The control system 20 preferably includes a transmitter, and a receiver for receiving signals from the transmitter. As shown in the illustrated embodiment, both a transmitter 31 and a receiver 32 are provided at the vehicle 21. In addition, both a receiver 33 and a transmitter 34 are provided remotely or away from the vehicle. The first transmitter/receiver pair 31, 33 may be used, for example, to provide a remote alert or page to a user when away from the vehicle of a security breach at the vehicle, for example. The second transmitter/receiver pair 32, 34 may be used to cause a desired function to be performed at the vehicle, such as remote starting the engine, remotely unlocking the vehicle doors, or changing the mode of a security system between armed and disarmed modes, for example. Many other similar applications are contemplated by the present invention as will be appreciated by those skilled in the art. As will also be appreciated by those skilled in the art, in other embodiments, only one of these pairs of transmitters and receivers may be provided in the control system.
The remote transmitter 34 may be a small portable unit including a housing, function control switches carried by the housing, a battery within the housing, and the associated transmitter circuitry. This type of remote handheld transmitter is commonly used in conventional vehicle security systems, remote start systems, and remote keyless entry systems. The communications from the remote transmitter 34 to the receiver 32 at the vehicle is typically a direct radio frequency link, that is, there is no intervening communications links. However, in other embodiments, the remote transmitter 34 may indirectly communicate with the receiver 32 via other communications infrastructure, such as via satellite, or cellular communications, via the public switched telephone network (PSTN) and/or over the world wide web or Internet, as will be appreciated by those skilled in the art.
The remote transmitter 34 may also be a passive transponder type device, that takes power from an associated transponder reader as will be appreciated by those skilled in the art, and automatically transmits a signal to the reader. For example, the transponder may be of the type carried in conjunction with the vehicle keys, or may be embedded in the key as will be readily appreciated by those skilled in the art.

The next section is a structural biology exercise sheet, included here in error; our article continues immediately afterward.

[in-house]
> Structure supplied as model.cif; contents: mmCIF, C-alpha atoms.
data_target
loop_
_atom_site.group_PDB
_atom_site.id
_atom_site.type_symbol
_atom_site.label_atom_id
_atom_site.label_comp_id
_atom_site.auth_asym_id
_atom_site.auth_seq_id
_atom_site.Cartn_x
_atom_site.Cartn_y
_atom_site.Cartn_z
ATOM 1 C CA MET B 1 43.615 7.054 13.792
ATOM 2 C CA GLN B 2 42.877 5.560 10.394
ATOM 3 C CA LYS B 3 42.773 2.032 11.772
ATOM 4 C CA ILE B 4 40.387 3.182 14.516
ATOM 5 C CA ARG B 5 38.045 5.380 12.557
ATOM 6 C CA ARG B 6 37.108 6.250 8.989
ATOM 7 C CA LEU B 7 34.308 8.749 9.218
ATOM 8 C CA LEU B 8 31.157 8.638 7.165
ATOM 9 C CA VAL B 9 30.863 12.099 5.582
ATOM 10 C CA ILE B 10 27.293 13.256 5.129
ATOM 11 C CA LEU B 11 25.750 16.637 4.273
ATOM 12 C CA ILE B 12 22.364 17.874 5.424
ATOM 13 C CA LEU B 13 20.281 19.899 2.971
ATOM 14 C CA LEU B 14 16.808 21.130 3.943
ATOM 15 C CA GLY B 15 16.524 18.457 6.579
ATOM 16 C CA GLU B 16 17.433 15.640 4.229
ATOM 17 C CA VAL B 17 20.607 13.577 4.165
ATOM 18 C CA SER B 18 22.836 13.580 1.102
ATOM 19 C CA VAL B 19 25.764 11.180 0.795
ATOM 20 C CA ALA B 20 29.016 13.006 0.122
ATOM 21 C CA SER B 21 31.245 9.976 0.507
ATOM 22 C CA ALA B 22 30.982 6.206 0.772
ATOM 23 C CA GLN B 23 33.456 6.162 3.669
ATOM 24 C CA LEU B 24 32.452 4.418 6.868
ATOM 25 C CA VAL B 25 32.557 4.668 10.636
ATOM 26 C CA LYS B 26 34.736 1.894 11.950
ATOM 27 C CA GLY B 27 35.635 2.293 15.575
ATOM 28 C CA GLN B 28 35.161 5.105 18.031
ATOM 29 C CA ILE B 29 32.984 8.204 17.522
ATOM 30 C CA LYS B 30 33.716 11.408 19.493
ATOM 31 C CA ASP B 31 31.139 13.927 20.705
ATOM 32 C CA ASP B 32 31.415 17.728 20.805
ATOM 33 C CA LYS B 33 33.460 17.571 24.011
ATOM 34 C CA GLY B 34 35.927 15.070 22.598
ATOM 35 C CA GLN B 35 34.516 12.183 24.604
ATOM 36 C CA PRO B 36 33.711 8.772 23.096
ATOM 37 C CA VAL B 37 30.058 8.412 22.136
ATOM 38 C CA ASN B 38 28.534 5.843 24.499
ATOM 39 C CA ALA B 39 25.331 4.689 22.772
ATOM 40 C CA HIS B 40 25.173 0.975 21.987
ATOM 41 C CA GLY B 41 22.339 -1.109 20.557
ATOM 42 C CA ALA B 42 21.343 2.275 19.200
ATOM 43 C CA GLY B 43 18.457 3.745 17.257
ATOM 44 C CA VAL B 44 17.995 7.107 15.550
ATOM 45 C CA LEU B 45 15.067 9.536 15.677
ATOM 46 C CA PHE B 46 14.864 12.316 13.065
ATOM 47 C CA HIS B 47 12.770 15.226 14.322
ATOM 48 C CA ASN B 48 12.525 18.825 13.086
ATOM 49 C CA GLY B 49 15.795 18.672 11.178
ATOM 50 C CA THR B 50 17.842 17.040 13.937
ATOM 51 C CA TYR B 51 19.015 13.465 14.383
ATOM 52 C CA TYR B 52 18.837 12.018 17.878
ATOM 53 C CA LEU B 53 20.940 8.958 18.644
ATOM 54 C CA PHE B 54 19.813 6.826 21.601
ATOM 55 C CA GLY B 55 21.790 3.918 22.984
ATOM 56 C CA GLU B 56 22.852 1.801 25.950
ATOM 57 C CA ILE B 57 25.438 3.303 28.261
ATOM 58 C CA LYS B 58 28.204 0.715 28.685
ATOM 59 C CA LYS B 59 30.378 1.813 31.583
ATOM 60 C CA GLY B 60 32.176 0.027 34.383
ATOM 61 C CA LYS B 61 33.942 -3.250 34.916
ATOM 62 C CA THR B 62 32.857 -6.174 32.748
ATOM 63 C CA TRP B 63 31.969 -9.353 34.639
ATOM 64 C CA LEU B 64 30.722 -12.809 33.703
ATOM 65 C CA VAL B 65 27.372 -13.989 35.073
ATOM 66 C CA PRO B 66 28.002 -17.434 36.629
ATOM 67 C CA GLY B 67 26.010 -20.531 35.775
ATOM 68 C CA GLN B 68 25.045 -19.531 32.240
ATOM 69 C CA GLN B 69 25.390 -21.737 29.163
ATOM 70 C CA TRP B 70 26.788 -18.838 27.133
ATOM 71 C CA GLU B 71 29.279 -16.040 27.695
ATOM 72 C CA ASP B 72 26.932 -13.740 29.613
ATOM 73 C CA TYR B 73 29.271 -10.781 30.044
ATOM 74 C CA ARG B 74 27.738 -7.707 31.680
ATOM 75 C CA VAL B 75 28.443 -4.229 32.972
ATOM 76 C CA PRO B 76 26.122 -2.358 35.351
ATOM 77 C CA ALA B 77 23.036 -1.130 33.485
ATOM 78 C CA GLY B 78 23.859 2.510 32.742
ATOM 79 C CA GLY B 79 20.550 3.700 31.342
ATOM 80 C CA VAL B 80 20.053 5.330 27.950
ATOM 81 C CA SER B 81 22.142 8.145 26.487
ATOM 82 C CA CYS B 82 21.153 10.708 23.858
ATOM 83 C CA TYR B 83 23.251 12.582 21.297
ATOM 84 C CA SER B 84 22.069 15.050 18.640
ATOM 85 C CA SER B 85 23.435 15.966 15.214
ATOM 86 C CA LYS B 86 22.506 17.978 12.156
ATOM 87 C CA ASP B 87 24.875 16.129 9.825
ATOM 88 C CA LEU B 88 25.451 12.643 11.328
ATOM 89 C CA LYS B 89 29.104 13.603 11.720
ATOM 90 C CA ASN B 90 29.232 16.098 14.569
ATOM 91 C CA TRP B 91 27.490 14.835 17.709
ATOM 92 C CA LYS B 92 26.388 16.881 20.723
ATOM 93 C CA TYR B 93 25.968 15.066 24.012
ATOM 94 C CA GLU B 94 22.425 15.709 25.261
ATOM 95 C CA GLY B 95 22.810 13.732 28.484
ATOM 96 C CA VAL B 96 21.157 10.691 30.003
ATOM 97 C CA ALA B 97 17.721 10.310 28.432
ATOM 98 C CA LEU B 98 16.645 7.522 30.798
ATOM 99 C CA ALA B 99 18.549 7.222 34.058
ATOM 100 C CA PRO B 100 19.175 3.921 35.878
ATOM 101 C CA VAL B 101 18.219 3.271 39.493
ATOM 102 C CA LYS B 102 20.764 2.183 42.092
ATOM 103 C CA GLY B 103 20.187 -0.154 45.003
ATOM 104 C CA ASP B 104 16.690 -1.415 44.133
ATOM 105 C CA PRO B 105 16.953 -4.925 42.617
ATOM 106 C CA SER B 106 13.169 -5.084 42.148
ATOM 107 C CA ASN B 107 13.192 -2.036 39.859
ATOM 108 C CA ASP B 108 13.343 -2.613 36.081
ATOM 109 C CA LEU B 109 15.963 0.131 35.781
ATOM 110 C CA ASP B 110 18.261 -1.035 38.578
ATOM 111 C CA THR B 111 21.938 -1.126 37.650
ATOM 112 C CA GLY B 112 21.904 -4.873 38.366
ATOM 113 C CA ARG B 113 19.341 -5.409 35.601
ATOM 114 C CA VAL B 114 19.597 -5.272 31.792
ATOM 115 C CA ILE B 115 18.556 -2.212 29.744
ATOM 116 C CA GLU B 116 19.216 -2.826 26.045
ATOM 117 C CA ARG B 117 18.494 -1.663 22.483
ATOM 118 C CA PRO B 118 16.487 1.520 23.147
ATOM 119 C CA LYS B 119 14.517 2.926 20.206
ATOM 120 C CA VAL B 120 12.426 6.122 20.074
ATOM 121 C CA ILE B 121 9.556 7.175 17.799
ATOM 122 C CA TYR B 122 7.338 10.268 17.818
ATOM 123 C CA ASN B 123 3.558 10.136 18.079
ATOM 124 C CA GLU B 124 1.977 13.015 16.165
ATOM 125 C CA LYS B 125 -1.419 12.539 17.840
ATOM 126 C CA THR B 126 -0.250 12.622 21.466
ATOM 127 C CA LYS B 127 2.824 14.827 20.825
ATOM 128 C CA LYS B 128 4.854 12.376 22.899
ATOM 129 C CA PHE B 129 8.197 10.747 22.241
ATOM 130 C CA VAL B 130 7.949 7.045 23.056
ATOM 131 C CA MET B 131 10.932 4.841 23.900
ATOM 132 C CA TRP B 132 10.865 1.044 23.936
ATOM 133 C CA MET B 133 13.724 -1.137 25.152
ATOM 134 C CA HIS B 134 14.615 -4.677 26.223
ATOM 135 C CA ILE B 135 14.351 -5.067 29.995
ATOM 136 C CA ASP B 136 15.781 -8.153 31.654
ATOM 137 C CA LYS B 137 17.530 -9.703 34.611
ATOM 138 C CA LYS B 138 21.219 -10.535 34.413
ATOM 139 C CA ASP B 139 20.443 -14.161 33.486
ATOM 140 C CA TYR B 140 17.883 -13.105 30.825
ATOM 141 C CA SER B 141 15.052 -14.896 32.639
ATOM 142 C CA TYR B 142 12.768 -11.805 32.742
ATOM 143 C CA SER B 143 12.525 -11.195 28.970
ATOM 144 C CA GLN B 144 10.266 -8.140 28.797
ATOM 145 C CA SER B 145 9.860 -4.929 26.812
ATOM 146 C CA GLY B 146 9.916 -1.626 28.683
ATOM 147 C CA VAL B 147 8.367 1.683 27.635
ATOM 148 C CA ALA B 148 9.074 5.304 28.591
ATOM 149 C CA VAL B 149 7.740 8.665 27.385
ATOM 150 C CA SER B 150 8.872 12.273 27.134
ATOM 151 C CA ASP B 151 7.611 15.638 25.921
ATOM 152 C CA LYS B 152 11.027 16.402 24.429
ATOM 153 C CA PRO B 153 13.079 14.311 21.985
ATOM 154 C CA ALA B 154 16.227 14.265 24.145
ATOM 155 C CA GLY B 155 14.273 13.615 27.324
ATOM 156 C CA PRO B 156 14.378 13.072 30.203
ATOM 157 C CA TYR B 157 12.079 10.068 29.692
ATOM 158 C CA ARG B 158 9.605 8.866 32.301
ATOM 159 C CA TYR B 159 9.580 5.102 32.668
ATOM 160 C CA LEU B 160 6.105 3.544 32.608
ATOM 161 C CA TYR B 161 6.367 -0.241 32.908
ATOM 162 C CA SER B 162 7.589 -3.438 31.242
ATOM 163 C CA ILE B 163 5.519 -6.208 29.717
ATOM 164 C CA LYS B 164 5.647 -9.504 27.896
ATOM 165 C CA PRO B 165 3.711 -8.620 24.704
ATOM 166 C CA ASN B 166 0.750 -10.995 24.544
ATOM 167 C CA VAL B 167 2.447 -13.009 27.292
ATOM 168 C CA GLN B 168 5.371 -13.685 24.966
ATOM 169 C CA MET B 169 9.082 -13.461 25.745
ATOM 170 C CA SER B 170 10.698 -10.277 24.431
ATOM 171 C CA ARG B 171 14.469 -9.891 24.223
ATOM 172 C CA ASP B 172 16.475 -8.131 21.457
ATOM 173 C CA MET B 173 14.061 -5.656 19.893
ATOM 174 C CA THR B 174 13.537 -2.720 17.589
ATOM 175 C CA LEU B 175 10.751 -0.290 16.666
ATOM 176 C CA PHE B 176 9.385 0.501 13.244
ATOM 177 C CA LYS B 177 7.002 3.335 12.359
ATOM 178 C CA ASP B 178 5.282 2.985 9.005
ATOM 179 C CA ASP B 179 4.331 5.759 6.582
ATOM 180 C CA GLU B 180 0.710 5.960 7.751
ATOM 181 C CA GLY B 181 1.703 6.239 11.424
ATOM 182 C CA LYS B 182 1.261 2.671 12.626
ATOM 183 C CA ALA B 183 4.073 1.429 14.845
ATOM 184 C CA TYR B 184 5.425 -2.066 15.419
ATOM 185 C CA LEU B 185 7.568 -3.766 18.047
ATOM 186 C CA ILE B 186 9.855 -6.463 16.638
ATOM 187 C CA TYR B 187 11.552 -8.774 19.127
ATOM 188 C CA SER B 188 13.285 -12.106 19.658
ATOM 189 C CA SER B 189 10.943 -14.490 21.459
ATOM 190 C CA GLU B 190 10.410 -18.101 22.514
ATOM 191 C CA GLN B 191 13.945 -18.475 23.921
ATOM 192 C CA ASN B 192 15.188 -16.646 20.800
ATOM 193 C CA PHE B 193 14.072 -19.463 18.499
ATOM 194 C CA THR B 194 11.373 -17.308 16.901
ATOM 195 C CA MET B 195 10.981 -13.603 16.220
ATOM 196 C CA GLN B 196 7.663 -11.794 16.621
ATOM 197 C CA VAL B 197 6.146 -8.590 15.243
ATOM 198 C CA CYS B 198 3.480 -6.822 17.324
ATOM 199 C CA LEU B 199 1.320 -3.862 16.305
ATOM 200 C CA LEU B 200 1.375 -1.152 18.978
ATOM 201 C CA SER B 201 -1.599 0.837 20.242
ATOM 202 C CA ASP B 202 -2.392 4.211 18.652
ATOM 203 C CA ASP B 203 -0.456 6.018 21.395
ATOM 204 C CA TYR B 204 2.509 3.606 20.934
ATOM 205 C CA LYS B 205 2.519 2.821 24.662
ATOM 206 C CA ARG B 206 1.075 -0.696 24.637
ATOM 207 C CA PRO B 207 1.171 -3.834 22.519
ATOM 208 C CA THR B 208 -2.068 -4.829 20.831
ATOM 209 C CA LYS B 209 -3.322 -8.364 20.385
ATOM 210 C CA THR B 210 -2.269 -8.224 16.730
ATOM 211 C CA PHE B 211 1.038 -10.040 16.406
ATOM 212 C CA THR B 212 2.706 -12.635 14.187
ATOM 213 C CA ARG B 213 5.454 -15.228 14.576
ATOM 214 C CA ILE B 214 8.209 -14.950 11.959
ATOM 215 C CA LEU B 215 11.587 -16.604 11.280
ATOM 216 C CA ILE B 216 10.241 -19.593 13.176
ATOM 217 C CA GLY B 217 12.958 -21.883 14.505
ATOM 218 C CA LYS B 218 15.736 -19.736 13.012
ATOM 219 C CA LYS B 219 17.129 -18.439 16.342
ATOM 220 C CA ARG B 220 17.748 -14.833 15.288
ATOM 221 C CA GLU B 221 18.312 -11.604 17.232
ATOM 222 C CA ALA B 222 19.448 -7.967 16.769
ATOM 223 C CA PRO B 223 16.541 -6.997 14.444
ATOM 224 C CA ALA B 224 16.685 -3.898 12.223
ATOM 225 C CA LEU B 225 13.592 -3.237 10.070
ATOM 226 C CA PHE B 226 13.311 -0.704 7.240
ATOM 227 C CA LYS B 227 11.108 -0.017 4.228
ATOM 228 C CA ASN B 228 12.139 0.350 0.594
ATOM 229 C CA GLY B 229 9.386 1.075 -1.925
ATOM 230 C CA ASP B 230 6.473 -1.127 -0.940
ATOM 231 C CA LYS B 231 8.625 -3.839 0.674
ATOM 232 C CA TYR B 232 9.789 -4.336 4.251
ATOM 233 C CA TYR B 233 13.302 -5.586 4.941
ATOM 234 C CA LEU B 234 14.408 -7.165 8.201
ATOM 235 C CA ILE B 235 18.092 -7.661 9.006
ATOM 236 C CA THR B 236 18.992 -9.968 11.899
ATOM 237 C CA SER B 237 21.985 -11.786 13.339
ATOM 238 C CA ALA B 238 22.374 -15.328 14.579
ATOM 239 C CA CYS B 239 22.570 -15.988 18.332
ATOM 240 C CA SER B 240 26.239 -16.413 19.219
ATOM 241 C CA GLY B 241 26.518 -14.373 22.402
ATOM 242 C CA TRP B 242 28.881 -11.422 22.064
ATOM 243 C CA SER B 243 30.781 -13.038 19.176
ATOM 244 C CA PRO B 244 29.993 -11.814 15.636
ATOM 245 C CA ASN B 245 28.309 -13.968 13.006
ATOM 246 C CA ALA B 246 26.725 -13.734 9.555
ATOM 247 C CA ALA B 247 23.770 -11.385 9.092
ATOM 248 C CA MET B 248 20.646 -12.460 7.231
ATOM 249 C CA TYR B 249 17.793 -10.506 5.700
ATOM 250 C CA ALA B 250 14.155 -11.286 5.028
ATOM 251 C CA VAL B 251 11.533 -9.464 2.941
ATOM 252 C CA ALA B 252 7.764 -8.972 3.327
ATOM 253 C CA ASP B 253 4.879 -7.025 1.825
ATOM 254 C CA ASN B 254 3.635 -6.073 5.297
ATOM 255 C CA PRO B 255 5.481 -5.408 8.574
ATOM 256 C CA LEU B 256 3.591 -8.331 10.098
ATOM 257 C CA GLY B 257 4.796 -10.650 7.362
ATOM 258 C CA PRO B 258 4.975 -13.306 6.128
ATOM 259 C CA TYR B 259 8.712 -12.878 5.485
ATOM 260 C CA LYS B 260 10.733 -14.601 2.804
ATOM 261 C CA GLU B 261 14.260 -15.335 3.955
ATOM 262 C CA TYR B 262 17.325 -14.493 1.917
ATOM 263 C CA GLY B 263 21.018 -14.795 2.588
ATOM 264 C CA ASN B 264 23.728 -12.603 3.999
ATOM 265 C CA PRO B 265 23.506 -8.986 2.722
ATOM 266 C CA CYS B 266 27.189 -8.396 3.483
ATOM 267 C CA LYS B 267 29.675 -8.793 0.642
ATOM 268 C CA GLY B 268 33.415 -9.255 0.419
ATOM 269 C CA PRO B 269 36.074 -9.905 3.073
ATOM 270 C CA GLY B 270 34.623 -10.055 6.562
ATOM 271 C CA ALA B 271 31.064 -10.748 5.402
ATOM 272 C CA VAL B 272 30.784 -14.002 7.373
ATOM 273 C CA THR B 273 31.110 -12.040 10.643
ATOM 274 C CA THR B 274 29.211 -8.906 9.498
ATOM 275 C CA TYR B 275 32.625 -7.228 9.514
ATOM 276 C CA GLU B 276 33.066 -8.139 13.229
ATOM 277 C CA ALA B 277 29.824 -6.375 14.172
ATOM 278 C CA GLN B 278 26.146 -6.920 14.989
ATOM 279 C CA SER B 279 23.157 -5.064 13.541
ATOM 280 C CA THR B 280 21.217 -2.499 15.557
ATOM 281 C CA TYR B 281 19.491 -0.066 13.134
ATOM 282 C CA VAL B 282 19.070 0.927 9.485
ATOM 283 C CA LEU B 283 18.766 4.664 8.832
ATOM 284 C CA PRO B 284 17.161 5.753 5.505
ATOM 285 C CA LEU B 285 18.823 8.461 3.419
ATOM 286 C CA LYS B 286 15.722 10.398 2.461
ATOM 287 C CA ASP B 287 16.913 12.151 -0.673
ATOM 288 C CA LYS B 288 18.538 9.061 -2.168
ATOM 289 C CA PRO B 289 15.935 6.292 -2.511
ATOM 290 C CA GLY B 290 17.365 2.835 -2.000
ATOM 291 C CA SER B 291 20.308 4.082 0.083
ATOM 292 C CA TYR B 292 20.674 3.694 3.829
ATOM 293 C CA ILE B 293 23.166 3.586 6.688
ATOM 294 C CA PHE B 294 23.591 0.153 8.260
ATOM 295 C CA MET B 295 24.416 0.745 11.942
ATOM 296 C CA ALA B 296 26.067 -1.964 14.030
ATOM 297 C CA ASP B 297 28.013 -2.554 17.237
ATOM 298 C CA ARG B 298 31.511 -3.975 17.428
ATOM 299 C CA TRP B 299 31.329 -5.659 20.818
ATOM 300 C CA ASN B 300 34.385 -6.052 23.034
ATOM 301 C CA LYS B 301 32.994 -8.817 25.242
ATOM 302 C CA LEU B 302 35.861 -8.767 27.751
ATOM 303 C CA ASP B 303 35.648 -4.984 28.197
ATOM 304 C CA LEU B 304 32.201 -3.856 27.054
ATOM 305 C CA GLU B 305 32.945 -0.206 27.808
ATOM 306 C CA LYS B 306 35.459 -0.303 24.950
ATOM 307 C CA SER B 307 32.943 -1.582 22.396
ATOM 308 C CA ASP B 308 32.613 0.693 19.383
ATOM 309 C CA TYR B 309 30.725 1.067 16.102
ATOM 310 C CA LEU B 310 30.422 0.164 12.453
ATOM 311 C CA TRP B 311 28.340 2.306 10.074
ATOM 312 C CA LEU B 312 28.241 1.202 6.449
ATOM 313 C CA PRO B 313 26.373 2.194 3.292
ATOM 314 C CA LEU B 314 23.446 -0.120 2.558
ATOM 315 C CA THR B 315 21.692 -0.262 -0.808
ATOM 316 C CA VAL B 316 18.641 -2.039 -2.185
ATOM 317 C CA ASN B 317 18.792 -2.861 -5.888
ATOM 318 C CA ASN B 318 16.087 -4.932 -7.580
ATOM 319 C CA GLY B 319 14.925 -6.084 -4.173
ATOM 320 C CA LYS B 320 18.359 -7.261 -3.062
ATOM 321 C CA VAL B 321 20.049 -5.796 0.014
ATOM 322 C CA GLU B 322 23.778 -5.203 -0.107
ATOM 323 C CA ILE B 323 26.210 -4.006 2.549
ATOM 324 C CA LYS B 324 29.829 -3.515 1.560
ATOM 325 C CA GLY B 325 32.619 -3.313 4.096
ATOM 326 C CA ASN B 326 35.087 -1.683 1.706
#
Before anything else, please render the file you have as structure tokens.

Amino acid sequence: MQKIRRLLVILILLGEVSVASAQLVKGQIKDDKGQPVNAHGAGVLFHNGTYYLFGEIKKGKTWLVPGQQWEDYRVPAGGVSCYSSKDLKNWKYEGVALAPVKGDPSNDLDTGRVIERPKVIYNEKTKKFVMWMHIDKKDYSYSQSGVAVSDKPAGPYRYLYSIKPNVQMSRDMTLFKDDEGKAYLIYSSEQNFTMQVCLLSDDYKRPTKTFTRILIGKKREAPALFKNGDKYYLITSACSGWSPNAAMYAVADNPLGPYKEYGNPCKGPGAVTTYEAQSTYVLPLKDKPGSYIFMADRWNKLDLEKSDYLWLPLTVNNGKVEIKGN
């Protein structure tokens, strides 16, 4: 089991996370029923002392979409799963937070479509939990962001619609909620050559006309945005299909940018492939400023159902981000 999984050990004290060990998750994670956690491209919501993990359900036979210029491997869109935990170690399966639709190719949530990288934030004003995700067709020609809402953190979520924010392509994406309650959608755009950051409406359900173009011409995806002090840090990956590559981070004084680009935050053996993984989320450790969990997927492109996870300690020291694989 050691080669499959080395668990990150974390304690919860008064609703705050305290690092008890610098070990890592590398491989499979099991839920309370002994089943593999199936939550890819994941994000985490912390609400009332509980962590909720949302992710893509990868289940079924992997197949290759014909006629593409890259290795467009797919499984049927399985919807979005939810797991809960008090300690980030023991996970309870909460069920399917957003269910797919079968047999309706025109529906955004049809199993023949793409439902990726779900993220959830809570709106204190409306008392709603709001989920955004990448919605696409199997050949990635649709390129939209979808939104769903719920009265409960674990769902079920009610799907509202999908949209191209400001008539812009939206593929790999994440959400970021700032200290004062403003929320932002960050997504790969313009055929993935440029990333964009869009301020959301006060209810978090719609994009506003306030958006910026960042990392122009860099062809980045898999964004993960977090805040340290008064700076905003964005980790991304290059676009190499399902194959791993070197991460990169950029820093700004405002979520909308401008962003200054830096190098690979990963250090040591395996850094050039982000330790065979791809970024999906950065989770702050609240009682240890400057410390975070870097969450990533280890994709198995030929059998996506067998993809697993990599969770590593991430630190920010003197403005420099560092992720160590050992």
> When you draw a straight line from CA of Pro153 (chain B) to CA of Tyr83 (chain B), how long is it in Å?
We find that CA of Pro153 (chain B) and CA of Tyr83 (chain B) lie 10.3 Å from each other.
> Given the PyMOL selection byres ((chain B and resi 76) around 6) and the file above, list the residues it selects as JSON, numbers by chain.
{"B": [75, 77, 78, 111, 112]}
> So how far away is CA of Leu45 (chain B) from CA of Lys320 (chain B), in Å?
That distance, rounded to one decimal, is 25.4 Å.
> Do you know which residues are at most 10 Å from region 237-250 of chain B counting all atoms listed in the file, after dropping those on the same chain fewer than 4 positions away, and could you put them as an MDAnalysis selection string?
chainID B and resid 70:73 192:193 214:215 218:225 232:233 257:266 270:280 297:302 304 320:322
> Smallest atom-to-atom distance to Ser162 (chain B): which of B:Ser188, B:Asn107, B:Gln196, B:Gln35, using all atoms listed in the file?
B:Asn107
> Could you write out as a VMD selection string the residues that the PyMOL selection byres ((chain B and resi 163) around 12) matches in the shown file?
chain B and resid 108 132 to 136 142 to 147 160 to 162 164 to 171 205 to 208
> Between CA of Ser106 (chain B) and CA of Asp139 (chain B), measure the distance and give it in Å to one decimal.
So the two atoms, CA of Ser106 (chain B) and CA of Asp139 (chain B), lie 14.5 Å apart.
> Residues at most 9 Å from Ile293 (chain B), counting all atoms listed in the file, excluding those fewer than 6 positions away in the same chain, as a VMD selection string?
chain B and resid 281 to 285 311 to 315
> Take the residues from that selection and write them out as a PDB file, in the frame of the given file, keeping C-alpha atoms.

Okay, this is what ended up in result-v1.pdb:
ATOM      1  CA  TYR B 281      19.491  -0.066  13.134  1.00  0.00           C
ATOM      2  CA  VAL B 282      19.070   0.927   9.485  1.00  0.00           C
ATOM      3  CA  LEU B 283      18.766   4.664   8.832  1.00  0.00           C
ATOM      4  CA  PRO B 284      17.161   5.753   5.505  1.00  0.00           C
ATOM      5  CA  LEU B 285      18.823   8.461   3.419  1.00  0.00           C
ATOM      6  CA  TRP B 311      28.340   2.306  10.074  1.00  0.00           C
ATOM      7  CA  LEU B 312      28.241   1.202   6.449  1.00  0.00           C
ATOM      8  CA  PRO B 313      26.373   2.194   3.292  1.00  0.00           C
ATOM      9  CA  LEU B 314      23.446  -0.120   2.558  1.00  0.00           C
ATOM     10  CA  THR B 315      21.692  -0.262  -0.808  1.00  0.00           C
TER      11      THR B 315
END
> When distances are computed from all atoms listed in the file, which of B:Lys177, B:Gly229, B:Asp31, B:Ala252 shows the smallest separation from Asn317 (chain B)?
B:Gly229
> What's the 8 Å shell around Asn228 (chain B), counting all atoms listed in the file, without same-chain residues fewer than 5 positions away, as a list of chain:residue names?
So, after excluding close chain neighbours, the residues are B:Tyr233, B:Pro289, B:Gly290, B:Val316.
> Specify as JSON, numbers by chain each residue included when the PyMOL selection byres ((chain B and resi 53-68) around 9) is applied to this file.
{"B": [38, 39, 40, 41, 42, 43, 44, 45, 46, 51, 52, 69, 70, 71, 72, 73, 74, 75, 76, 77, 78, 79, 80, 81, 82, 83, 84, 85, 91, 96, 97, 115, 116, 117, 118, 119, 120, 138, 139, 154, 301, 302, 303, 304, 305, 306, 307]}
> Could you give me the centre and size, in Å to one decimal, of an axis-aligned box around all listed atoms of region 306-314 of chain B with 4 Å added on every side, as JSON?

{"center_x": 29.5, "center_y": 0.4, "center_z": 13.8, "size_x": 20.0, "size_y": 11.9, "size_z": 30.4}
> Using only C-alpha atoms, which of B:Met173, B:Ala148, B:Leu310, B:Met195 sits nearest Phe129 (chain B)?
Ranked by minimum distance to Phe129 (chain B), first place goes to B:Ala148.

The remote transmitter 34 may also include one or more central station transmitters, such as may be provided by a satellite transmitter or cellular telephone transmitter, for example. Such a central station transmitter may also be connected to other communications infrastructure.
The remote receiver 33 may also be a small portable unit including a housing, one or more indicators carried by the housing, a battery within the housing, and the associated receiver circuitry. This type of remote receiver may also directly communicate with the vehicle transmitter 31, or there may be intervening communications links as will be appreciated by those skilled in the art. In some embodiments, the remote transmitter 34 and remote receiver 33 may be packaged together in a common handheld housing. Of course the remote receiver 33 may also include one or more central stations along the lines as described above for the central station remote transmitter.
The multi-vehicle compatible controller 25 may also include a central processing unit (CPU) 36 and one or more memories 40 connected thereto. Although the memory 40 is illustrated as a separate device, those of skill in the art will recognize that the memory may alternately be embedded on the same integrated circuit as the processing circuitry of the CPU.
The multi-vehicle compatible controller 25 also may optionally include a hardwire interface 42 which may be directly connected to one or more vehicle devices 44. For example, in some embodiments for a security system, direct connections may be made to one or more vehicle sensors, an indicator LED, a siren, or the headlight relay. For a remote start system, hardwire connections may be made to a starter motor relay, for example. Those of skill in the art will recognize other devices 44 that may be directly connected to the multi-vehicle compatible controller 25 via the hardwire interface 42. The hardwire interface 42 may included circuitry for sending signals to or reading signals from the vehicle devices 44 as will be appreciated by those skilled in the art. In some embodiments, the hardwire interface 42 may not be needed or incorporated in the multi-vehicle compatible controller 25.